Anti-Inflammatory Diet Home Page...
Subscribe to Anti-Inflammatory Diet RSS feeds...
Free Anti-inflammatory diet summary... Anti-inflammation diet weight loss story... 
Home Foods to Eat Foods to Avoid Exercise Supplements Weight Loss News Diabetes News Your Concerns Archived Reports

Bookmark Us: Yahoo Simpy Technorati Email a friend Print

Parkinson Disease
Health Information Search Results

Matching Summaries of Recent
Peer Reviewed Scientific Research Reports.

Refine Your Search:

All Words Any Words
Search Again By Year -- Simply add a space, then the year you want to your search term.

 << Prev 20  Showing 1 to 20 of 57 Matches Next 20 >>

1. Parkinson's disease: background, diagnosis, and initial management.
Match Strength: 9.357

Parkinson's disease is a common neurodegenerative disorder associated with aging. After essential tremor, it is the most common movement disorder of the elderly. Parkinson's disease is the most common disabling movement disorder. This article reviews the major clinical features, differential diagnosis, approach to diagnosis, and initial management of Parkinson's disease. Publication Types: Research Support, N.I.H., Extramural, Research Support, U.S. Gov't, Non-P.H.S., ... Read More »
» Published in Clin Geriatr Med. 2006 Nov;22(4):735-51, v.

2. Cognitive, affective, and psychiatric features of Parkinson's disease.
Match Strength: 8.950

Nonmotor symptoms, including cognitive deterioration and dementia, depression and apathy, and psychosis, are common in Parkinson's disease. Their presence is associated with a tremendous burden for the patient and family members. This article reviews the pathophysiololgy, risks, impact, major features, diagnosis, and treatment of these symptoms in Parkinson's disease. Publication Types: Research Support, N.I.H., Extramural, Research Support, Non-U.S. Gov't, ... Read More »
» Published in Clin Geriatr Med. 2006 Nov;22(4):773-96, v-vi.

3. Kinase activity of mutant LRRK2 mediates neuronal toxicity.
Match Strength: 8.666

Mutations in the the leucine-rich repeat kinase-2 (LRRK2) gene cause autosomal-dominant Parkinson disease and some cases of sporadic Parkinson disease. Here we found that LRRK2 kinase activity was regulated by GTP via the intrinsic GTPase Roc domain, and alterations of LRRK2 protein that reduced kinase activity of mutant LRRK2 correspondingly reduced neuronal toxicity. These data elucidate the pathogenesis of LRRK2-linked Parkinson disease, potentially illuminate mechanisms of sporadic Parkinson disease and suggest therapeutic targets. Publication Types: Comparative Study, Research Support, N ... Read More »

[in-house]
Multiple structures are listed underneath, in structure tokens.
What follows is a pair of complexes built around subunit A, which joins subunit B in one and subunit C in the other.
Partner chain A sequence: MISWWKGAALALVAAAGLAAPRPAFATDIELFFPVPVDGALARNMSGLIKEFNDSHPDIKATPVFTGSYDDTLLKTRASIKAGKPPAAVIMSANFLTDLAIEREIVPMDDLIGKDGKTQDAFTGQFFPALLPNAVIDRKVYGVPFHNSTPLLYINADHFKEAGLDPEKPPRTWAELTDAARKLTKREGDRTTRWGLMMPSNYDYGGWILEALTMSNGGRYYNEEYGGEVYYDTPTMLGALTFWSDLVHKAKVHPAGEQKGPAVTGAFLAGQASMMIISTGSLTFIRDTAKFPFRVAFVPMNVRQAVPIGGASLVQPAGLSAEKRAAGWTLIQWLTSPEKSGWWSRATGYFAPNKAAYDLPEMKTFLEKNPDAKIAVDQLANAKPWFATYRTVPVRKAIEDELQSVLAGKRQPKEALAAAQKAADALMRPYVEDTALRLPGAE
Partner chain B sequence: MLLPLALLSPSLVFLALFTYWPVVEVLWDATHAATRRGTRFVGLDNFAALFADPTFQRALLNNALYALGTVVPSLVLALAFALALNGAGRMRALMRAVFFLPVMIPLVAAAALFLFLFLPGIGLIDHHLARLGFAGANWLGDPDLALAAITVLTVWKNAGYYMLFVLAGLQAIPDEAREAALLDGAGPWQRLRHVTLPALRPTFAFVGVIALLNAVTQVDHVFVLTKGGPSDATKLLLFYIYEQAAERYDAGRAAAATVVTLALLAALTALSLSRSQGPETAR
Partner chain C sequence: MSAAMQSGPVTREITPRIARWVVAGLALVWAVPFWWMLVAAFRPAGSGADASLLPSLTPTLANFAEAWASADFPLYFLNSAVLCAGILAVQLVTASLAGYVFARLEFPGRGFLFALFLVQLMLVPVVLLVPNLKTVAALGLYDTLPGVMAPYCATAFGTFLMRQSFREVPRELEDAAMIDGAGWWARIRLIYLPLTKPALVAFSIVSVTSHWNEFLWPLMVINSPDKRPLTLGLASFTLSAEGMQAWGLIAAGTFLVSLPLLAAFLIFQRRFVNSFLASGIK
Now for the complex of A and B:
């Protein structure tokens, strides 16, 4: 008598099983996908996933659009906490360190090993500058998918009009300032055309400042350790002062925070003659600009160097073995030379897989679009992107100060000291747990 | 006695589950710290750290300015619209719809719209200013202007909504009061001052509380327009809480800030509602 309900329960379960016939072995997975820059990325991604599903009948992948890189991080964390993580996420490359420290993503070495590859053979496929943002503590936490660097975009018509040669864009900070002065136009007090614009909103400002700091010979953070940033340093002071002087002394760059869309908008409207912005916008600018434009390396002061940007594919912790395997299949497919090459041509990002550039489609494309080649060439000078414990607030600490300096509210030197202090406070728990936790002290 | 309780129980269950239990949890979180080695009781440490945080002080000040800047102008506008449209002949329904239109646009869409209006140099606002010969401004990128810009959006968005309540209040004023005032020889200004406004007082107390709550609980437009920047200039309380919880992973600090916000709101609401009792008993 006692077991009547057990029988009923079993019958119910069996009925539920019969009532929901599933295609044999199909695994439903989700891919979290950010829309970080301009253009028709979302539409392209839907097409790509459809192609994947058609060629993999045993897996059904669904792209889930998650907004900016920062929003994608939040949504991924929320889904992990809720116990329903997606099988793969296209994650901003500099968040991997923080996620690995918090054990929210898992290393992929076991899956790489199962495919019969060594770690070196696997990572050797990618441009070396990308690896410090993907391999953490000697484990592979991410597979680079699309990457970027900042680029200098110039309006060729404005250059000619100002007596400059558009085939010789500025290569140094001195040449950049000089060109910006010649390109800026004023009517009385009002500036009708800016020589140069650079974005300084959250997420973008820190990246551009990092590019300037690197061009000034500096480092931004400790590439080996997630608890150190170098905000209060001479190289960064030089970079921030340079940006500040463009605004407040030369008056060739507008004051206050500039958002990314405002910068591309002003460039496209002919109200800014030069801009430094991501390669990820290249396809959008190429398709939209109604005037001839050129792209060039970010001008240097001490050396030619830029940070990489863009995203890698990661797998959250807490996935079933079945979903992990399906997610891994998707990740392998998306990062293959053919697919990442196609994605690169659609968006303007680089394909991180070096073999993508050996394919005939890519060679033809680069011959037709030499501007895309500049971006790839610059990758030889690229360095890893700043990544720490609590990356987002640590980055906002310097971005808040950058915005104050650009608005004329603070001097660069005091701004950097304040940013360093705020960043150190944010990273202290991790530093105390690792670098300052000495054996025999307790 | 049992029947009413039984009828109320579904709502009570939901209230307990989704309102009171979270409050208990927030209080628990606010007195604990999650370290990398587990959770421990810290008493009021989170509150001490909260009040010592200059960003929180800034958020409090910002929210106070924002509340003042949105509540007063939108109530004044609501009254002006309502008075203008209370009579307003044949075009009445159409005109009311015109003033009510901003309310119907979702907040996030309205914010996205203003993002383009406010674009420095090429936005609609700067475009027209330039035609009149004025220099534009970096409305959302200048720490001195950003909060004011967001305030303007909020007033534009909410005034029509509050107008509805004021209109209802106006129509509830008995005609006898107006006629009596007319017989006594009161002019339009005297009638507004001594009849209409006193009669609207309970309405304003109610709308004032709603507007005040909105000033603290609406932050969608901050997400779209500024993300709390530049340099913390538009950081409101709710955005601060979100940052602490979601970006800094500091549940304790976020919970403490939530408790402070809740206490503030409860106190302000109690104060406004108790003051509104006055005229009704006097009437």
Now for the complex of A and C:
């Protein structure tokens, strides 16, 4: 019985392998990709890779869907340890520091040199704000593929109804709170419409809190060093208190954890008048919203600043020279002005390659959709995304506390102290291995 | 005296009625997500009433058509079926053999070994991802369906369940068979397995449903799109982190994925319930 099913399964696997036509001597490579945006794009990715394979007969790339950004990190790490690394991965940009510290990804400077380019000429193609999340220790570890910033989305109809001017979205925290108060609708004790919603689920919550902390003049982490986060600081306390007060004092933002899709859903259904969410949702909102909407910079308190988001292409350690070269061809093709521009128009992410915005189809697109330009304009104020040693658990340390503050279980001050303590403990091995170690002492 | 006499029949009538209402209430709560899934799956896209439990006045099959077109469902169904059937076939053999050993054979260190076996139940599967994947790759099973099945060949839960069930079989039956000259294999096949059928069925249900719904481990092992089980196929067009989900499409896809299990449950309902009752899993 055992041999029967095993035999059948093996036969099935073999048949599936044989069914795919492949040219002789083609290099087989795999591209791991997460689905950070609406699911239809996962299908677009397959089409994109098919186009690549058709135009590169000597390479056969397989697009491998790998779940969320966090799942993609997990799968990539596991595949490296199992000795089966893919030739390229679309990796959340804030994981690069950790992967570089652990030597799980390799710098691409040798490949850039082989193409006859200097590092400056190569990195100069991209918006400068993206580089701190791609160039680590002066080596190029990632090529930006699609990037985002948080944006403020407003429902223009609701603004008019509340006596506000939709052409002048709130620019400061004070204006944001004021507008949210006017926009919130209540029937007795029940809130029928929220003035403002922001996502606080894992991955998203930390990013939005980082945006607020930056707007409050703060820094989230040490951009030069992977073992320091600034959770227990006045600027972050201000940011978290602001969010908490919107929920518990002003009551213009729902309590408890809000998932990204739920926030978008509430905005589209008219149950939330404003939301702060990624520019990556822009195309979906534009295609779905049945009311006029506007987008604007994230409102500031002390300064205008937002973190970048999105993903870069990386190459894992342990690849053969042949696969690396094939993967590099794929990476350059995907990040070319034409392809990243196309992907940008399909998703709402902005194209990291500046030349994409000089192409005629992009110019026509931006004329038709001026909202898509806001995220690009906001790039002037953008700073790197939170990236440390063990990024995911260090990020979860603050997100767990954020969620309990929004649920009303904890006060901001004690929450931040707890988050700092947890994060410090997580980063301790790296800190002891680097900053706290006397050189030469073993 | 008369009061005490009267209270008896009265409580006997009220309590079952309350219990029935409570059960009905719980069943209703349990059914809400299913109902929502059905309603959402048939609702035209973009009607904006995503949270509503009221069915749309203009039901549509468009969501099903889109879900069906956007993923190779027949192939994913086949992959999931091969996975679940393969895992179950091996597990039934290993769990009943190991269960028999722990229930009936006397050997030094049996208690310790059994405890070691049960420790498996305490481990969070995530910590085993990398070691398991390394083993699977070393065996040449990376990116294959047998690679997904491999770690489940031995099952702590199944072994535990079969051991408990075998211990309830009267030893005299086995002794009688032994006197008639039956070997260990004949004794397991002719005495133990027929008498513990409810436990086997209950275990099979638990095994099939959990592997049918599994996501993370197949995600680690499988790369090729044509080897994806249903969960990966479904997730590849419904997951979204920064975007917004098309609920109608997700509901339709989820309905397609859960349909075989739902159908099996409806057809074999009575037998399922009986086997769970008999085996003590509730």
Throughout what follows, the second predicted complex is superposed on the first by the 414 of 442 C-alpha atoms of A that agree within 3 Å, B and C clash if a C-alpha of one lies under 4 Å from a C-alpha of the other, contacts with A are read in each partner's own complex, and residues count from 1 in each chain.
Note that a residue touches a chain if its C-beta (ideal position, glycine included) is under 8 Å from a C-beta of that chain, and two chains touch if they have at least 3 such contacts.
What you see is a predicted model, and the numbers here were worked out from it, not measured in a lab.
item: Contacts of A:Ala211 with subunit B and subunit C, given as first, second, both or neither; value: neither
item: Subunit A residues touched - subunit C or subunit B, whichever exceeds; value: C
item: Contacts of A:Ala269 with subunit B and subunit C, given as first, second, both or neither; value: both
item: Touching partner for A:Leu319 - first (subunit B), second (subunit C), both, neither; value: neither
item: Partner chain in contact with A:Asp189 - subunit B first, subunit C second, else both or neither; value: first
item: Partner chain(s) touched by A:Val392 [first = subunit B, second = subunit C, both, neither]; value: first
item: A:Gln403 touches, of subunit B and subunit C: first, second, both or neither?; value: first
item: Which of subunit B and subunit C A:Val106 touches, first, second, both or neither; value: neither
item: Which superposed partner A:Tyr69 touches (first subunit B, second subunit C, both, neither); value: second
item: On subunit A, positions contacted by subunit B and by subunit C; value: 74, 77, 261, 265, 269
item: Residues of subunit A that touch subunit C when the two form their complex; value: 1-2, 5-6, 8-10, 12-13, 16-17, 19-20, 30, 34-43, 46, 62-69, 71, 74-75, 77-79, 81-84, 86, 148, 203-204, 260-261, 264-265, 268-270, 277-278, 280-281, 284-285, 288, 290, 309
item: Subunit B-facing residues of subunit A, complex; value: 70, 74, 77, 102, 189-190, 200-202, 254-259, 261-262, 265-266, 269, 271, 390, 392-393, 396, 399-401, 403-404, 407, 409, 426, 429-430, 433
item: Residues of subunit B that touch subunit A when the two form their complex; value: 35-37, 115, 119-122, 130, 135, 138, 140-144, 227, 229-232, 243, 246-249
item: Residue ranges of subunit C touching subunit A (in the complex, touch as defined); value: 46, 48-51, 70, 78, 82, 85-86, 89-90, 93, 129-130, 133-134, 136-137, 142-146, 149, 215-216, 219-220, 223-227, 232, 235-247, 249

» Published in Nat Neurosci. 2006 Oct;9(10):1231-3. Epub 2006 Sep 17.

4. Parkinson's disease due to the R1441G mutation in Dardarin: a founder effect in the Basques.
Match Strength: 8.252

The recent discovery of mutations in Dardarin (LRRK2) have been related to the appearance of Parkinson's disease in several families. Notably, one single mutation in this gene (R1441G) not only appeared in familial, but also in apparently sporadic Parkinson disease (PD) patients of Basque descent. A clinical population was ascertained, and subjects were classified into Basque and non-Basque descent according to their known ancestry. The R1441G mutation was assayed using an allele-specific polymerase chain reaction, and several single nucleotide polymorphisms surrounding this mutation were ... Read More »
» Published in Mov Disord. 2006 Nov;21(11):1954-9.

5. Life goals of patients with Parkinson's disease: A pilot study on correlations with mood and cognitive functions.
Match Strength: 7.816

OBJECTIVE: To identify the life goals of people with Parkinson's disease, to assess whether patients felt that these goals were 'on track', and to assess the relation of these life goals to neuropsychologic and mood function. DESIGN: Cross-sectional descriptive study with an age-matched control group. SETTING: Outpatient Movement Disorders Clinics Veterans Hospital. SUBJECTS: Twenty-two patients with mid-stage Parkinson's disease and 22 age-matched controls. MEASURES: Rivermead Life Goals Inventory, neuropsychological and mood scales. RESULTS: People with Parkinson's disease were less likely ... Read More »
» Published in Clin Rehabil. 2006 Sep;20(9):818-26.

6. A specific survival response in dopamine neurons at most risk in Parkinson's disease.
Match Strength: 7.526

The specific expression of fibroblast growth factor 20 (FGF-20) in the adult substantia nigra and the association between FGF-20 mutations and Parkinson's disease provoked exploration of the function of this growth factor. We show by gain- and loss-of-function in vitro experiments that FGF-20 promotes survival and stimulates dopamine (DA) release in a calbindin-negative subset of cells that are preferentially lost in Parkinson's disease. FGF-20 selectively activates tyrosine hydroxylase in calbindin-negative neurons. In the adult substantia nigra, calbindin-negative neurons specifically ... Read More »
» Published in J Neurosci. 2006 Sep 20;26(38):9750-60.

7. NR4A2 genetic variation in sporadic Parkinson's disease: a genewide approach.
Match Strength: 7.443

The NR4A2 gene, which may cause autosomal dominant Parkinson's disease (PD), has also been reported to be a susceptibility factor for sporadic PD. Here, we use a haplotype-tagging approach in 802 PD patients and 784 controls and demonstrate that common genetic variation, including NR4A2 haplotypes, does not influence the risk of PD in the Caucasian population. Publication Types: Research Support, Non-U.S. Gov ... Read More »
» Published in Mov Disord. 2006 Nov;21(11):1960-3.

8. Medical management of advanced Parkinson's disease.
Match Strength: 7.156